London 31/10/2011 - Base metals continued to track lower during Monday morning trading, with the elation that followed moves by EU policymakers to tackle the eurozone debt crisis turning to pragmatism. A positive stocks report - there were drops in LME inventories across the board - offered scant relief.
The surge in base metal prices that followed the announcement of Europe’s action plan to deal with the debt crisis was undermined by the reluctance of China to embark quickly on large-scale purchases of bonds from the eurozone’s most troubled member states, although an investment on some indeterminate size from China is believed to be forthcoming.
“After the strong price gains of past days, we are seeing profit-taking for metals as the week gets underway. Pressure is coming from weaker equity markets in Asia and the firmer US dollar,” Commerzbank said.
The euro dropped as low as 1.3972 against the dollar, down from the close on Friday at 1.4146.
“That said, speculative financial investors have become more optimistic recently, reducing their net short positions in copper, for example, by 40 percent to 5,000 contracts in the week ending October 25,” it added.
Trading for the rest of the day could be interesting because it is the last trading day of the month end. With the economic outlook still looking weak despite recent moves, concerns about sovereign debt contagion, recession and slowing growth will weigh on prices.
Datawise, today’s EU CPI flash estimate at three percent beat a forecast 2.9 percent. The EU unemployment rate, however, came out worse than expected at 10.2 percent against a forecast of 10 percent.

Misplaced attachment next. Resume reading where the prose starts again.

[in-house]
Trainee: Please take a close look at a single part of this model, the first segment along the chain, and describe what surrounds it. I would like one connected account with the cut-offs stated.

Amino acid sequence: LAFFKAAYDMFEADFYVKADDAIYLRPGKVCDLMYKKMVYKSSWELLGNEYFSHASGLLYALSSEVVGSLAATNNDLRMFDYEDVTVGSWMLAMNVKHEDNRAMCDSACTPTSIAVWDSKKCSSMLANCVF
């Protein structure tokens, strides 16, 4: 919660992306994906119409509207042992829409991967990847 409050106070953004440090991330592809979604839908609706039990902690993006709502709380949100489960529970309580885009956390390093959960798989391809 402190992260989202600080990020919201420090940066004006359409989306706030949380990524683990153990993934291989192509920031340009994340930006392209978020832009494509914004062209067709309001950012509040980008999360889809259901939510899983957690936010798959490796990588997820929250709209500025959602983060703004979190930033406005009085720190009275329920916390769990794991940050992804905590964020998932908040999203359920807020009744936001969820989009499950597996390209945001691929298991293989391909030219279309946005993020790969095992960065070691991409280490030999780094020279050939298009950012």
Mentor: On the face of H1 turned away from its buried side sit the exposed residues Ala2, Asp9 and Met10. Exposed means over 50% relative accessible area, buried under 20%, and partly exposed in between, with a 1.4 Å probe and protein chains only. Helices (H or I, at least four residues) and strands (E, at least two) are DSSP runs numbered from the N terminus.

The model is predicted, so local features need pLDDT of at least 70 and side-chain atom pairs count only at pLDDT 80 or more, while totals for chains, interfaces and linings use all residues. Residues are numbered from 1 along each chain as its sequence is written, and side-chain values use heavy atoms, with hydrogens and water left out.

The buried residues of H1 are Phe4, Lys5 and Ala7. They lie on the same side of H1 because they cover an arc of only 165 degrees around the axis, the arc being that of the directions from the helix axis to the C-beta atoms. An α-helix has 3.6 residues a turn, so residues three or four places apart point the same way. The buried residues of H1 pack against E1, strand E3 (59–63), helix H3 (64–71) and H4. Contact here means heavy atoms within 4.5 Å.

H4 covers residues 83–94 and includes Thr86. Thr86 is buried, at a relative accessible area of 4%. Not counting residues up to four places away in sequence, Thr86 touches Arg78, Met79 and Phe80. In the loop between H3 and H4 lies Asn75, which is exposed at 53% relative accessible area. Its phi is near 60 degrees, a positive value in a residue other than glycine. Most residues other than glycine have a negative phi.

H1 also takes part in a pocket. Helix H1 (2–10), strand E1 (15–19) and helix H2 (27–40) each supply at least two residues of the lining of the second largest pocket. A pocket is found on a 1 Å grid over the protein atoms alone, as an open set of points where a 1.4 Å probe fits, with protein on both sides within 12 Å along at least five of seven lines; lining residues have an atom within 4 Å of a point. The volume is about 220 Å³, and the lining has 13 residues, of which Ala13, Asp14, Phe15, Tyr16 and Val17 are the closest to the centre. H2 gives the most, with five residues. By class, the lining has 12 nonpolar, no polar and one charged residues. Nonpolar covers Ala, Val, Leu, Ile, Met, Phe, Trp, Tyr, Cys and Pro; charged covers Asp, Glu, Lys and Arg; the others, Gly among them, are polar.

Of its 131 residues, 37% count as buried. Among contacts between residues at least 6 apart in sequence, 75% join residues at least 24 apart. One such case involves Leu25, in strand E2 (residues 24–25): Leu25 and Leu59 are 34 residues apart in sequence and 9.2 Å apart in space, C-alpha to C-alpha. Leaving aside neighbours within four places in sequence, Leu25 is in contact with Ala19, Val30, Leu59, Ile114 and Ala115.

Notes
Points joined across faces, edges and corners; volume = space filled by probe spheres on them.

For the rest of the week, the market will watch tomorrow’s Chinese and US manufacturing PMIs closely ahead of Friday's key US non-farm payroll figures for October.
INVENTORY DROPS ADD LITTLE SUPPORT
Many traders believe last week's copper rallies were overdone and prices have since dropped back below $8,000 to trade recently at $7,963 per tonne, a drop of $212 on Thursday's closing price.
In fundamentals, copper’s warehouse stocks continued to drop, down a net 3,000 tonnes to 429,375 tonnes, the lowest since March 17. Cancelled warrants slipped 2,775 tonnes to 52,125 tonnes, however.
Potentially adding further price support, protesters at Freeport-McMoRan's Grasberg mine in Indonesia reportedly want to suspend negotiations with the management for a week from Tuesday.
Lead cancelled warrants rose to their highest since July 8 at 22,575 tonnes, an increase of 2,050 tonnes. Of this, 7,850 tonnes were cancelled in the US - 8,100 tonnes in Long Beach, 3,800 tonnes in Las Angeles and 4,050 tonnes in Baltimore.
Since reaching all-time highs of 388,500 tonnes on October 17, lead inventories have edged lower and are now at 387,800 tonnes, down 100 tonnes. Recent business at $2,025 was down $65.
Aluminium tightness remains, with the Dec/Jan spread at $2.00/4.00 back and Feb/March showing a backwardation of $1.00/3.00. The March/April spread is currently at $7.25 contango, however.
“This is purely technical and only modest and should not [affect] financing carry trades, which are dated further out - where the aluminium price remains significantly in contango,” VM Metals analyst Carl Firman said.
Inventories at 4,548,025 tonnes were down 3,050 tonnes, while cancelled warrants at 210,000 fell 2,700 tonnes. At $2,222, prices were down $20.
Nickel fell $262 to $19,438 despite stocks dropping 534 tonnes to 86,508 tonnes. Cancelled warrants were also up 90 tonnes to 6,018 tonnes.
Zinc inventories fell a further 2,475 to 780,875 tonnes, keeping stocks at six-month lows. Cancelled warrants fell 2,425 tonnes to 77,975 tonnes. Recent business at $1,949 was down $49.
Tin stocks dropped 105 tonnes to 16,445 tonnes while cancelled warrants increased 460 tonnes to 2,835 tonnes. Business at $21,941 fell $109.
Steel prices at $520/545 were down $20. In the minor metals, molybdenum inventories dropped 18 tonnes to 252 tonnes, the lowest since September 15 last year, although the contract was neglected. Cobalt was offered at $45,500.
(Additional reporting by Gregory Holt in Singapore, editing by Mark Shaw)